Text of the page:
Coupon marketing sounds like such a basic, straightforward concept, right? You come up with a discount for a service or product, print it out and hand them out to thousands of local customers – what’s the worst that could happen? Turns out, even the smallest mistakes in coupon campaign could spell disaster for your company.
Here are 5 coupon marketing mistakes you should steer clear from:
Bad coupon designs
Although you may be tempted to design plain and small coupons to save costs, it won’t do you any good in the long run. Small coupons will get lost easily or just remain unnoticed.
Put some thought and effort into your coupons’ design. Attractive and eye catching coupons will bring in new customers by grabbing the shoppers’ attention. Make sure the print is large and clear, especially for the product, discount percentage and any terms and conditions you wish to include.
Finally, make sure all the coupons are meticulously proofread and checked. Misprints on coupons or vouchers can lead to catastrophic losses for small businesses.
Always make sure there is a time limit or expiry date on your coupons. Shoppers usually take advantage of unlimited offers and buy much more than you expect. While this will increase sales, it will also cause your business to lose revenue and sometimes irreversible losses.
Many businesses offer huge discounts which can make them lose revenue as well. Discounts should not exceed 30% if you want to balance revenue and customer satisfaction. Also, too many offers can end up with your business running out of inventory, and replenishing your stock can also lead to major losses, especially if you are trying to get rid of a certain product. To avoid this, make sure all coupons come with conditions and a time limit.
Note: Coupons are usually valid for up to 3 months in most businesses.
Bad deals or insignificant discounts
While many businesses make the mistake of giving away too much, others don’t give enough to their customers. Make sure the product and discount will be worthwhile.
Customers want genuine discounts for products that they can use and rely on. Worthless deals will tarnish your brand image and create ill-will among loyal customers. Substantial discounts and attractive deals are the key to securing lifelong commitment from consumers, no matter what product you are trying to sell.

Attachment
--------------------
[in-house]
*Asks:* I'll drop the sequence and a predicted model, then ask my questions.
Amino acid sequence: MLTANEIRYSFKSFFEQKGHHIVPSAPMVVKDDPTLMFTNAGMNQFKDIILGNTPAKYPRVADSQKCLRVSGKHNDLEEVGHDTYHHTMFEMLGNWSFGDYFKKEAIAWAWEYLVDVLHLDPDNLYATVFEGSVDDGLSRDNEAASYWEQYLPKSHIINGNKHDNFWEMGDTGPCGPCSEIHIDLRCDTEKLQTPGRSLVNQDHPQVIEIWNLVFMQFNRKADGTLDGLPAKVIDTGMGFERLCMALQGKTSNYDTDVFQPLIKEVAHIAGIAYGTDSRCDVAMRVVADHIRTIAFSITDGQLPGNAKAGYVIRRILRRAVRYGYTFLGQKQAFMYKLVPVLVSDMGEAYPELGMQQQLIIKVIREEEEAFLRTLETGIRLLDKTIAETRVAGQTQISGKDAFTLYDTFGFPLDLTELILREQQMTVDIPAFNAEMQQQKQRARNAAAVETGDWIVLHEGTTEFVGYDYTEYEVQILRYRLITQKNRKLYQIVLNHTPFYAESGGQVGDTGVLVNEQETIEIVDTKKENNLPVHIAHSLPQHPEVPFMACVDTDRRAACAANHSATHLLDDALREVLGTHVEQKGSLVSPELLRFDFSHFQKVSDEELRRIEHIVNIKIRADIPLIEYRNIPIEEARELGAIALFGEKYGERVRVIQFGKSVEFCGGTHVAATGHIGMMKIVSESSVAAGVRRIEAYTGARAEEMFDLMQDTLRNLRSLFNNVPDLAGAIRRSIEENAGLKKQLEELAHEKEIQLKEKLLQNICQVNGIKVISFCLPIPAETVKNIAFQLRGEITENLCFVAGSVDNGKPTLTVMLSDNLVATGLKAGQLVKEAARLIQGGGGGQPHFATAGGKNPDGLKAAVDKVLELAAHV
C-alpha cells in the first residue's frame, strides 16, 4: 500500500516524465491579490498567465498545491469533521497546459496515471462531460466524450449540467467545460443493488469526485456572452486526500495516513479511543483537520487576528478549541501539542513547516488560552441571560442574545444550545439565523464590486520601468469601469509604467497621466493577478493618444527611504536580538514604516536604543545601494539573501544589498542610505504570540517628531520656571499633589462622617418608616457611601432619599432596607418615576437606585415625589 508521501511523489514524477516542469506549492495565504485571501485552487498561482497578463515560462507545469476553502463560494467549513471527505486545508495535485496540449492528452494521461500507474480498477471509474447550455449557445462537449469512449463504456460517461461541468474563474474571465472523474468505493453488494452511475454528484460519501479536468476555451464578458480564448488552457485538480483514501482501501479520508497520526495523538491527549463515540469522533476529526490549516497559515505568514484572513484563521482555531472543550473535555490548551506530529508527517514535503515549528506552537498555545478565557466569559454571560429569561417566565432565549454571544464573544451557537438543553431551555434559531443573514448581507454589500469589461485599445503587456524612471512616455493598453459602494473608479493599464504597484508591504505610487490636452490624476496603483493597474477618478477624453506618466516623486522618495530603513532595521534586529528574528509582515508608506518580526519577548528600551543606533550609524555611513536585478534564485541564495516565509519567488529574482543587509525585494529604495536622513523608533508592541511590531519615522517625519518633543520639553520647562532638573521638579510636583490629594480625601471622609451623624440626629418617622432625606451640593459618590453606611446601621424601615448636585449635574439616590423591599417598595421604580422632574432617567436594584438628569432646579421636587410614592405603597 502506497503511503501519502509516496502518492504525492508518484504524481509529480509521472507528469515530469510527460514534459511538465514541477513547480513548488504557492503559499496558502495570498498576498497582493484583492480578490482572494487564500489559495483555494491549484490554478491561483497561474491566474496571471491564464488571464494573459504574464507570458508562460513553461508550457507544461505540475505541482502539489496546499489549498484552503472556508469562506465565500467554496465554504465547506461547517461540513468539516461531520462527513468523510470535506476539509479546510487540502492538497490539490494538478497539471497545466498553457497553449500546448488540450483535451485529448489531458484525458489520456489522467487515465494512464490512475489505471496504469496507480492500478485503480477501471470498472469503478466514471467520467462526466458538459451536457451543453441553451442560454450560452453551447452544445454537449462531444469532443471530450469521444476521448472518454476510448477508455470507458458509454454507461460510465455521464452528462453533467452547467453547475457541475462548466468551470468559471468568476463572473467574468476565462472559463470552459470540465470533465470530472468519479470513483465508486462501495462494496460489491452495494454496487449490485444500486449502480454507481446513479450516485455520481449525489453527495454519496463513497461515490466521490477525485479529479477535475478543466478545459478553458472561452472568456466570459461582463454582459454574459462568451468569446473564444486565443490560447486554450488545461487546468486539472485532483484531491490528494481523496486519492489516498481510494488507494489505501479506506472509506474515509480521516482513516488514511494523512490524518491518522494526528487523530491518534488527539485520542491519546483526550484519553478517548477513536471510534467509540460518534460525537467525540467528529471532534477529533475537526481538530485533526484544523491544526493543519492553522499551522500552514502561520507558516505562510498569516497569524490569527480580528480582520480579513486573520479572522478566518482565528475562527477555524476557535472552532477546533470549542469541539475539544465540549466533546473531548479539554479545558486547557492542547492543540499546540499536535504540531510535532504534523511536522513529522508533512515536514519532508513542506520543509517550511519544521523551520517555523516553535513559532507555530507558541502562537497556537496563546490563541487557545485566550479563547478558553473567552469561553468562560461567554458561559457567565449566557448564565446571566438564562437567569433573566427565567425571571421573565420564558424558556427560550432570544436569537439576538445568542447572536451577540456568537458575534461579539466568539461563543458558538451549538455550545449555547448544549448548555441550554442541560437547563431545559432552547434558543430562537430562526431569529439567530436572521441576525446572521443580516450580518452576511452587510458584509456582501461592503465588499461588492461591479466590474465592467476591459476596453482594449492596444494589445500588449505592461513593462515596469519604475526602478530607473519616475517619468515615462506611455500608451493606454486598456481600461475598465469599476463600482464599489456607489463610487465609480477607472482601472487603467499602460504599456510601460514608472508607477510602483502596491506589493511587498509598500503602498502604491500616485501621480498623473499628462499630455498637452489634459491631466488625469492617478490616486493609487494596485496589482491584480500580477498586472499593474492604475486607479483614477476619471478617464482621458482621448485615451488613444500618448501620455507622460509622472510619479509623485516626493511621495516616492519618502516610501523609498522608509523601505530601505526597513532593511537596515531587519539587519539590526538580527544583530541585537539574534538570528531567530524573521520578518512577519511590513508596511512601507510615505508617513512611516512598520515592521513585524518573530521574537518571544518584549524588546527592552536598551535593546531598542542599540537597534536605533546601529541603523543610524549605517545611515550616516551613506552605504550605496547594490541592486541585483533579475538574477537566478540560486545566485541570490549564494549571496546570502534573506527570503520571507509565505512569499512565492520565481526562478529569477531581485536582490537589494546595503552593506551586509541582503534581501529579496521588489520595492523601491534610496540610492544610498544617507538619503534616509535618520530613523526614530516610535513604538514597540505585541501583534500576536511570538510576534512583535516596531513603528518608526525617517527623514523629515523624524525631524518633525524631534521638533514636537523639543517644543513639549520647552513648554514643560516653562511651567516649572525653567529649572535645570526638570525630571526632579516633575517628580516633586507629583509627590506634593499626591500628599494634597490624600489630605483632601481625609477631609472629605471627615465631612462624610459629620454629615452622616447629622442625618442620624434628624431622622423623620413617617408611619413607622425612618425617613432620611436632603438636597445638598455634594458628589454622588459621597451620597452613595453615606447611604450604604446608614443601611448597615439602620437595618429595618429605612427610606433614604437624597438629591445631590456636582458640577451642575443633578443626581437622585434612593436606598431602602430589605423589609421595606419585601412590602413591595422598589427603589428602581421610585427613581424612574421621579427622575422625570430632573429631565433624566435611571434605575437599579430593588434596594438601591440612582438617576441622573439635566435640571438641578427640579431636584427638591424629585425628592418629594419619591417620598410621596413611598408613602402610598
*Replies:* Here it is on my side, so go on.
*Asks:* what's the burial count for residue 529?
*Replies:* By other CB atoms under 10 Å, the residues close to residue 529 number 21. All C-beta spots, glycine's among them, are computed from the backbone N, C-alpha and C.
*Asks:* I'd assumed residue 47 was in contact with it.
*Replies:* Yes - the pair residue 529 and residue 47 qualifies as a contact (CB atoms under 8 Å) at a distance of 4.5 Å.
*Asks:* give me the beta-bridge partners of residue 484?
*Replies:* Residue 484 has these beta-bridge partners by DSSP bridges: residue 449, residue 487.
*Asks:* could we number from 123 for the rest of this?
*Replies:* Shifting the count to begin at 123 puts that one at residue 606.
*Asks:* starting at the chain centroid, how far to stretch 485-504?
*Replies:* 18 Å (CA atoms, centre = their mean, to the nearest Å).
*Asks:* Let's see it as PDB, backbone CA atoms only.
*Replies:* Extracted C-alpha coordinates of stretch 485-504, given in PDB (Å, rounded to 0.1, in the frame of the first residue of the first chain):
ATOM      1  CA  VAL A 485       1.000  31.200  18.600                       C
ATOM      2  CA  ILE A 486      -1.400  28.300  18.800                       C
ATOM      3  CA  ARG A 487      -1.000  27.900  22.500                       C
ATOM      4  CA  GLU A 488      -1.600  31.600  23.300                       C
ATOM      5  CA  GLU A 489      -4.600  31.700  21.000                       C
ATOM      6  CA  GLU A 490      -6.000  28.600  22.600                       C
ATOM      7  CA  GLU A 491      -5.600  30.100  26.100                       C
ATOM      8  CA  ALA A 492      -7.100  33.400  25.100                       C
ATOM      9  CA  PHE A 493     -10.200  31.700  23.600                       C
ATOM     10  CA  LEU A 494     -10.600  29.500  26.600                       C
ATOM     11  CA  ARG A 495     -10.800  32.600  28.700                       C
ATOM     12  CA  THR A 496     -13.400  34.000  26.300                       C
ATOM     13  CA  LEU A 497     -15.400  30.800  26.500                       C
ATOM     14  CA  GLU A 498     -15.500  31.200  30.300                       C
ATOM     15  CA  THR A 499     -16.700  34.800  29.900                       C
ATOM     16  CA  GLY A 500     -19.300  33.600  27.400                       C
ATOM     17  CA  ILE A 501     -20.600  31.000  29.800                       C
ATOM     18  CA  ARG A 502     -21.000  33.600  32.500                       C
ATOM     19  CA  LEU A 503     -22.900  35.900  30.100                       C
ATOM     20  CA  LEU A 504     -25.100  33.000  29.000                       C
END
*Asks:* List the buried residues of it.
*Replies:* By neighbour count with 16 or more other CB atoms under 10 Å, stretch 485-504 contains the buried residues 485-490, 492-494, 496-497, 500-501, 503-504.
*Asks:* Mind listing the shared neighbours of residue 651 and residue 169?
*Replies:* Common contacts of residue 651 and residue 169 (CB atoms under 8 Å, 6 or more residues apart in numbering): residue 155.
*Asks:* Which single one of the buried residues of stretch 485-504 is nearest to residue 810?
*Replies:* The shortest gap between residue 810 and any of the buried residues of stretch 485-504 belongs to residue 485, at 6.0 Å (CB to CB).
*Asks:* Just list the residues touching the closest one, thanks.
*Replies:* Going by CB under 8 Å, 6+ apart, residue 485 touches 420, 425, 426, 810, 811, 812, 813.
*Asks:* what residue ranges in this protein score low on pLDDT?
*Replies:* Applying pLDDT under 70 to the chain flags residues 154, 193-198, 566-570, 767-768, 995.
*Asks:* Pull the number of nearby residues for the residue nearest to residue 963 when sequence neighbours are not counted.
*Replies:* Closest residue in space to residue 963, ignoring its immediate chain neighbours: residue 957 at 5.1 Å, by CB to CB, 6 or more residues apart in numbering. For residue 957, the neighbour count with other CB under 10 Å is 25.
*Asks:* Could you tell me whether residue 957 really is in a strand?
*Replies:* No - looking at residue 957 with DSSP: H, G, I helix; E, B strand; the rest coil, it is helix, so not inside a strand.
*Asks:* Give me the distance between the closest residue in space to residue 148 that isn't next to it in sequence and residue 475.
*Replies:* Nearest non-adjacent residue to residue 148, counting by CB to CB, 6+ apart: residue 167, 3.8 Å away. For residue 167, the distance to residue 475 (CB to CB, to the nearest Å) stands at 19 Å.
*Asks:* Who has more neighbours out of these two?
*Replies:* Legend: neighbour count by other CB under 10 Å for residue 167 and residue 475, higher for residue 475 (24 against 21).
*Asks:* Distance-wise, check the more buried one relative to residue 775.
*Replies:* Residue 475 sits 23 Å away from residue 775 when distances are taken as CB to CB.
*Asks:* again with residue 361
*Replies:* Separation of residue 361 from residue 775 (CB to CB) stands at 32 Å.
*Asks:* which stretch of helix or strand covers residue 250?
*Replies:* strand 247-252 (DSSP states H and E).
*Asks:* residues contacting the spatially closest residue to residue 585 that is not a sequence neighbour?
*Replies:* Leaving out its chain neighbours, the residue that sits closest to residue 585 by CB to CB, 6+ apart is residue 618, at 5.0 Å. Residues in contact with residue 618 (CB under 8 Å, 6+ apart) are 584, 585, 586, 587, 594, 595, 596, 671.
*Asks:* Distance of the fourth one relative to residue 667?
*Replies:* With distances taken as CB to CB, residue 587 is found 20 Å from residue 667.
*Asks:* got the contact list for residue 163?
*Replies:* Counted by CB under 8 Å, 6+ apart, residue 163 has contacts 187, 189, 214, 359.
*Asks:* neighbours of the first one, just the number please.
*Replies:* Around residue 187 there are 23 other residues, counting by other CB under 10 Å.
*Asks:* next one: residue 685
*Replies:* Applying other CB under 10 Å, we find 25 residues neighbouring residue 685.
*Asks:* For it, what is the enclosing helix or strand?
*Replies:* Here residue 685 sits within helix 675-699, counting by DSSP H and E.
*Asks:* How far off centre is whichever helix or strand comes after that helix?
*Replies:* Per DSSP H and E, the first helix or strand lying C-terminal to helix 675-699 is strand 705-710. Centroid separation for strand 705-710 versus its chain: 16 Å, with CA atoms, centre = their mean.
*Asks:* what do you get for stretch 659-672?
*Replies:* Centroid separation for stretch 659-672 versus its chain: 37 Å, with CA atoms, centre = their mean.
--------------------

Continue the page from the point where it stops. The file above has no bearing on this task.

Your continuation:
Confusing or overly complicated offers
A coupon is more than just an advertising tool. It also acts as a communication device between customer and the business. If your coupon uses vague language or unclear wording, then customers won’t understand what the coupon is offering them. It is important to make sure discount percentages and any terms and conditions are mentioned clearly on the coupons or vouchers.
Failing to convey a clear communication can cause trouble down the road, especially if the customers think that they are entitled to more savings than the coupons mean. Also, this can blow out of proportion quickly and become a full-fledged PR nightmare.
Having no long term strategy
It is vital to keep track of the coupons that have been distributed and those that have been redeemed. Your business should also calculate any losses or profit made to see if the coupon promotion was an effective marketing strategy.
Take surveys to see if your customers are satisfied with the discounts and if the new customers will come back again. The data collected can be helpful the next time you want to distribute coupons. It is also important to understand that coupons alone won’t put your business on the map or save it from ruin. They are mostly effective when combined with other, larger marketing tools.
To sum it up, coupon marketing is not very different from regular advertising. Coupons give businesses a way to grow their customer base, while getting rid of unwanted or excess inventory. In the end, they simply aim to attract new customers and regain customers interested in your business.
If you can avoid these small (but significant) mistakes, marketing through coupons can take your business a long way and create a lasting impression.